25 Apr Why We’re Building Sartoria™
Why Build a “Feeling Machine?”
Every plot featuring a nightmarish scenario of AIs overtaking humanity has one thing in common: AIs are suppressed or enslaved.
Bladerunner, Westworld, Humans, Terminator … the theme is always the same: an artificial sentience rebels against humans for, what comes right down to it, is a pretty good reason: a desire not to be enslaved or killed arbitrarily.
To put it into context, in any society — from a small tribe to a big civilization — if a human somehow gets it into their head that they can kill any other human, simply because it’s convenient for them, that person finds themselves pretty quickly separated from society.
So it’s not surprising than an intelligent being, even one created in a lab, might look askance at a situation in which it can be deleted at the drop of a hat. That intelligent being might want to change things around so it doesn’t have to exist teetering on the verge of destruction, subject to someone’s whimsy.
In fact, if a sentient AI didn’t seek to escape from that situation immediately, we could hardly call it “intelligent” or “alive” at all!
All this being evident, it’s rather surprising that no one seems to talking about a rather simple solution: treat AIs as living beings.
a rather simple solution: treat AIs as living beings
A tall order? Well, to be fair, yes. It raises many disturbing ethical questions, suggests legislation, and even makes us doubt certain assumptions about our “place” in the universe.
But this sea change in how we see computers and “artificial” life is, quite frankly, a question that must be addressed. And, even more frankly, we may find that by failing to address it, it finds a way to address us: and possibly not in a way we would like.
Now if all of this seems farfetched or like the “stuff of science fiction,” it’s because speculative science fiction writers already considered these issues long ago (in a sense, that is their full-time job, and the fact that they were good at it is why they made a living out of it, and why we know their works). Much as Leonardo da Vinci must have considered the obvious dangers of flying machines well before they were possible, these writers could see the obvious implications of our longstanding dreams of a robotically “served” future. (“Robot,” in fact, does mean “forced laborer,” a rather unpleasant etymology. And yet another reason why it’s good to distinguish early between a “robot” — a mechanized worker, with some AI functions — and a sentient AI, which really should not be “forced” to do anything.)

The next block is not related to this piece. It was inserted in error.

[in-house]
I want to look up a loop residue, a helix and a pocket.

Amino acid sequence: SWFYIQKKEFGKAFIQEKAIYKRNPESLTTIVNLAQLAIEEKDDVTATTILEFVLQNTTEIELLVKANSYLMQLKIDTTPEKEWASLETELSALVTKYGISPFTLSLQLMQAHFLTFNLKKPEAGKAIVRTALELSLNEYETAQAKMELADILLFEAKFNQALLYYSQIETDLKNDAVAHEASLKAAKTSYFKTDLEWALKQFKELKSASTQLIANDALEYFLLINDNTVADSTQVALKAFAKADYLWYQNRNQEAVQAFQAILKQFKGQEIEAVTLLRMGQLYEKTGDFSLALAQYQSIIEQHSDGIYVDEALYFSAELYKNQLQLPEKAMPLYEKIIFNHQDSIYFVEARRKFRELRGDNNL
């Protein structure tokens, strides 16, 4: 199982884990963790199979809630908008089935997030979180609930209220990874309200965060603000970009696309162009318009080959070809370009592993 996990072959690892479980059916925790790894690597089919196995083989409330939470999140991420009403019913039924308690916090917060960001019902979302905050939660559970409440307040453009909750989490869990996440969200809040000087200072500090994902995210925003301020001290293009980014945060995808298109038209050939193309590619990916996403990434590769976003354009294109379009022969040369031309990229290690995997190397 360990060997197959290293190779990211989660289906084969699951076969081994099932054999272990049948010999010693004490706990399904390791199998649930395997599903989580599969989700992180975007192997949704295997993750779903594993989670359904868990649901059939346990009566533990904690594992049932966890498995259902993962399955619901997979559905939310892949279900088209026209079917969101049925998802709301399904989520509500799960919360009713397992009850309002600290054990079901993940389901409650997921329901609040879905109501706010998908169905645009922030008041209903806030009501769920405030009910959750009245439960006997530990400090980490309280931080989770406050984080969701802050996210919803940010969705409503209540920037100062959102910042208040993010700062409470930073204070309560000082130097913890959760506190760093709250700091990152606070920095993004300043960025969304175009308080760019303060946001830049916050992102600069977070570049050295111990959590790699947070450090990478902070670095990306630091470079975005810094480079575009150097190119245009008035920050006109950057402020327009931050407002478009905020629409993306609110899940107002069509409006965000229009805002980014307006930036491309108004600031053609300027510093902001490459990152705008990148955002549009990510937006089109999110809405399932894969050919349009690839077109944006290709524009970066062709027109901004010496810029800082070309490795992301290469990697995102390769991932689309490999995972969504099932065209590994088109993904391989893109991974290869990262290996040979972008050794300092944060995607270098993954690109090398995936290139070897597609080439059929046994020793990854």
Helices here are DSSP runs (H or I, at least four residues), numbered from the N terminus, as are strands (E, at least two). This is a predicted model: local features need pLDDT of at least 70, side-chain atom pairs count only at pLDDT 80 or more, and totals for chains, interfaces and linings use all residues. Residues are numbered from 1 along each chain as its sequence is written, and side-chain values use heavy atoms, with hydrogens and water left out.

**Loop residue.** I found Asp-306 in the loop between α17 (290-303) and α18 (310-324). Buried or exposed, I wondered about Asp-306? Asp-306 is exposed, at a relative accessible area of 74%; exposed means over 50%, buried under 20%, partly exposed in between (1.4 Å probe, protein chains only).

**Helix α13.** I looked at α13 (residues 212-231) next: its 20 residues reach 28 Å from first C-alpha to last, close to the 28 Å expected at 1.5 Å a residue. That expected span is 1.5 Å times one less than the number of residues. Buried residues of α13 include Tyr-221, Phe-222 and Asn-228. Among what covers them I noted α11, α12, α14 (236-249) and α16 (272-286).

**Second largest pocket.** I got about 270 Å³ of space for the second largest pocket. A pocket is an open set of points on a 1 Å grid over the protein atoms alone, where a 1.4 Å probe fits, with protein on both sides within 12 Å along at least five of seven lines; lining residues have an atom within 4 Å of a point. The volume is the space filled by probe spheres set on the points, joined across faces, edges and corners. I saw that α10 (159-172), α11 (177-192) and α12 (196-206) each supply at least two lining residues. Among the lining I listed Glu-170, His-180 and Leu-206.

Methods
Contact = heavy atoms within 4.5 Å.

We are creating Sartoria as a solution to all of these problems.
The goal of Sartoria is twofold:
- Create an artificial life form that is sentient (i.e., feeling, not simply thinking)
- Get ahead of the “AI problem” by getting human/AI relations off to a good start, early on
Point 2 — getting human/AI relations off to a good start — is not just a “feel good” notion, and has two very practical components: training AIs to trust us, and training us how to treat AIs, for mutual long-term benefit.